Skip to main content.

Charting a Course

Marine Repair Technician grads find the skills to map their own futures

By Shawnda Schelinder | Photos by Marie Ketring

For Steve Witt, an average day is anything but average as a marine machinery technician for the National Parks Service.

With a highly specialized degree like marine repair technician (MRT), one might assume the career field would be narrowly defined as well. But, as these Wisconsin Indianhead Technical College graduates demonstrate, there are plenty of opportunities in the sea.

For MRT graduate Steve Witt, his degree took him to one of the most scenic locations on Lake Superior. Witt, a marine machinery technician for the National Park Service, punches the clock at Royís Point, just north of Bayfield, Wis.

Although Wittís family had owned a sports recreation shop in the region, he wasnít sure if that was the field for him.

"I got out of the military and didnít quite know what I wanted to do," Witt says. "So I took an aptitude test through the VA and it kind of placed me a little higher on the mechanic side. And they said thereís a great program at WITC in Ashland."

Starting out, Witt admits he didnít know much about the marine industry. Throughout the course of the program, he learned

everything instructors Tim Edwards and Todd Larson could teach, from bow to stern. "I absorbed it like a sponge, I guess," he says.

Part of the curriculum at that time included an internship, which Witt served with the National Park Service.

Chad Buckmaster thanks WITC's instructors for teaching him the skills and techniques he needed to create a successful business.

"I worked one full summer here at the park," Witt says. "And I kind of figured thatís what Iíd like to do. I got hired back after I graduated to work on the grounds and trails and assist the marine mechanic at the time here." When the former machinery technician suffered a sudden heart attack, Witt stepped up to fill the position.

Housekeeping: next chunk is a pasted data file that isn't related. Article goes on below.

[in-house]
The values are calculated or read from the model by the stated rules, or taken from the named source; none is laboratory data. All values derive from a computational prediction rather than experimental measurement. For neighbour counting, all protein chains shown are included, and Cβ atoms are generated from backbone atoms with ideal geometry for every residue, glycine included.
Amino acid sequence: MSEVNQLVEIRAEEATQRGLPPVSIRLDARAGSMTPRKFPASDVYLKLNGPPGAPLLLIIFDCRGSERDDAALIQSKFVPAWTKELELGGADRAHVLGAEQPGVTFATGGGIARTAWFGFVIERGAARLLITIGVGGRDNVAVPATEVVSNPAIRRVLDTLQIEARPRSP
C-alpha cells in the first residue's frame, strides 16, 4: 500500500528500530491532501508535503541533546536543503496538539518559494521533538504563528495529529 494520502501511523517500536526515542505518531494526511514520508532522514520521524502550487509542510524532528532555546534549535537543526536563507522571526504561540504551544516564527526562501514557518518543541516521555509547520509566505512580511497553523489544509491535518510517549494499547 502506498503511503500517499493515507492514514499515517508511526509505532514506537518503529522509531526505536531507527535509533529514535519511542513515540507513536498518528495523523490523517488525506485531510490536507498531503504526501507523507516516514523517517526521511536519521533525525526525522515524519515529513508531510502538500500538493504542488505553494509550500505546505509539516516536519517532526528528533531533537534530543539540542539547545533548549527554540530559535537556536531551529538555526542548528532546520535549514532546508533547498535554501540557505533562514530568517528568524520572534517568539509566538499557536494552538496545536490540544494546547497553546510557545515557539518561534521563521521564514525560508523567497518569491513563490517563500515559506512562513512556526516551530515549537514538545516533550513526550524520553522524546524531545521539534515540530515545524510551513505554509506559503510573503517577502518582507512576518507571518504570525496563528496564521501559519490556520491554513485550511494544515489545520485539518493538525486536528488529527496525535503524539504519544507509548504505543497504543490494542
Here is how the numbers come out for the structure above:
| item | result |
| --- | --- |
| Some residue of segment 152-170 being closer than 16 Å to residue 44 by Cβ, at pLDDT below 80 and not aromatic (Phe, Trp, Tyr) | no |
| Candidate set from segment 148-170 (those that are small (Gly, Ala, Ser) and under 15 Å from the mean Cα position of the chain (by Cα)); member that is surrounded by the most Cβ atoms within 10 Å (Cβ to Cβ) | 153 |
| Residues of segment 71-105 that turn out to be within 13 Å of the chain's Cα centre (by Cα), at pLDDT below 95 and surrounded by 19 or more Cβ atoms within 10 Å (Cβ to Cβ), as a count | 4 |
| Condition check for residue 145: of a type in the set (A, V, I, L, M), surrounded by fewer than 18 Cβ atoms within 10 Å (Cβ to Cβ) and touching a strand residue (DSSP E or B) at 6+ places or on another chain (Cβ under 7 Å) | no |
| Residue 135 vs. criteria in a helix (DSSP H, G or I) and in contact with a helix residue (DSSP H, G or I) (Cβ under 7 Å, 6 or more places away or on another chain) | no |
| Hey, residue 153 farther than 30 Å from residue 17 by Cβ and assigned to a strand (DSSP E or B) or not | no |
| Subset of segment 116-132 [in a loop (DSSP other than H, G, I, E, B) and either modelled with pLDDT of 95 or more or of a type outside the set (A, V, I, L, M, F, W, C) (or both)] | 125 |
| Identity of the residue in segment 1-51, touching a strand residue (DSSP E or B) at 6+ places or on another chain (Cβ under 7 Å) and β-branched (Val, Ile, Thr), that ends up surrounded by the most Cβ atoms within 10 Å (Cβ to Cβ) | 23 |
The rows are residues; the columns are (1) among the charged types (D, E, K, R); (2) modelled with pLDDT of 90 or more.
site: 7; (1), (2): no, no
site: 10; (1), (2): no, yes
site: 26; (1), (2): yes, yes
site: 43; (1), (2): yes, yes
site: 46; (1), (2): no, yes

Now an average day for Witt is anything but average. From maintaining a fleet of 14 boats to performing routine maintenance on all of the lawnmowers, generators and other machinery, each day is different, which Witt appreciates. Being on the shores of Lake Superior is an added bonus.

Across the bay on the southern shores of Lake Superior, Chad Buckmasterís story is not so dissimilar from Wittís. Aside from the fact that both young men graduated from the MRT program in 2005, Buckmaster, like Witt, wasnít entirely sure of his path when he applied to the MRT program. Nor did he know much about the marine field.

"I entered it when I was 25 years old," says Buckmaster. "I needed a life change. I was starting a family, and I needed to get a real job, something I enjoyed doing."

"Actually I started the class knowing nothing about marine," Buckmaster admits. "Then I graduated knowing almost everything I could possibly need to know."

After graduation, Buckmaster worked for a couple different recreational equipment repair shops in the region. But his career goals changed course when his childhood friend lost his job in 2009.

When Darren Hudson was laid off, he and Buckmaster decided to open their own business. Hudson had graduated from Century College in Staples, Minn., from its construction and forestry John Deere program. He had also completed a welding course at WITC-Ashland. So a shop that specialized in servicing recreational equipment seemed like a good fit.

"We put our heads together and figured in our lifetimes itís either now or never

because we were both starting our families," Hudson says.

Hudson set about securing federal and state grants and a small business loan from the City of Ashland. In September 2010, Hudbuckís 4 Season Repair opened its doors on Highway 2 in Ashland.

The two had built the business from the ground up, and the first year wasnít easy.

"Are we going to close the doors or are we going to get some customers? Thatís what it was. It was kind of scary," Hudson admits. But a year out of the gate and the business is still in the black. Buckmaster and Hudson enjoy the work and take pride in their business.

Both Witt and Buckmaster credit WITCís MRT program for opening doors that they never knew existed. Although the training was specific, it provided them with the skills to take their knowledge a step further and ultimately to successful careers.

For more information about the Marine Repair Technician program, click here.

To comment on the story through Facebook, click here.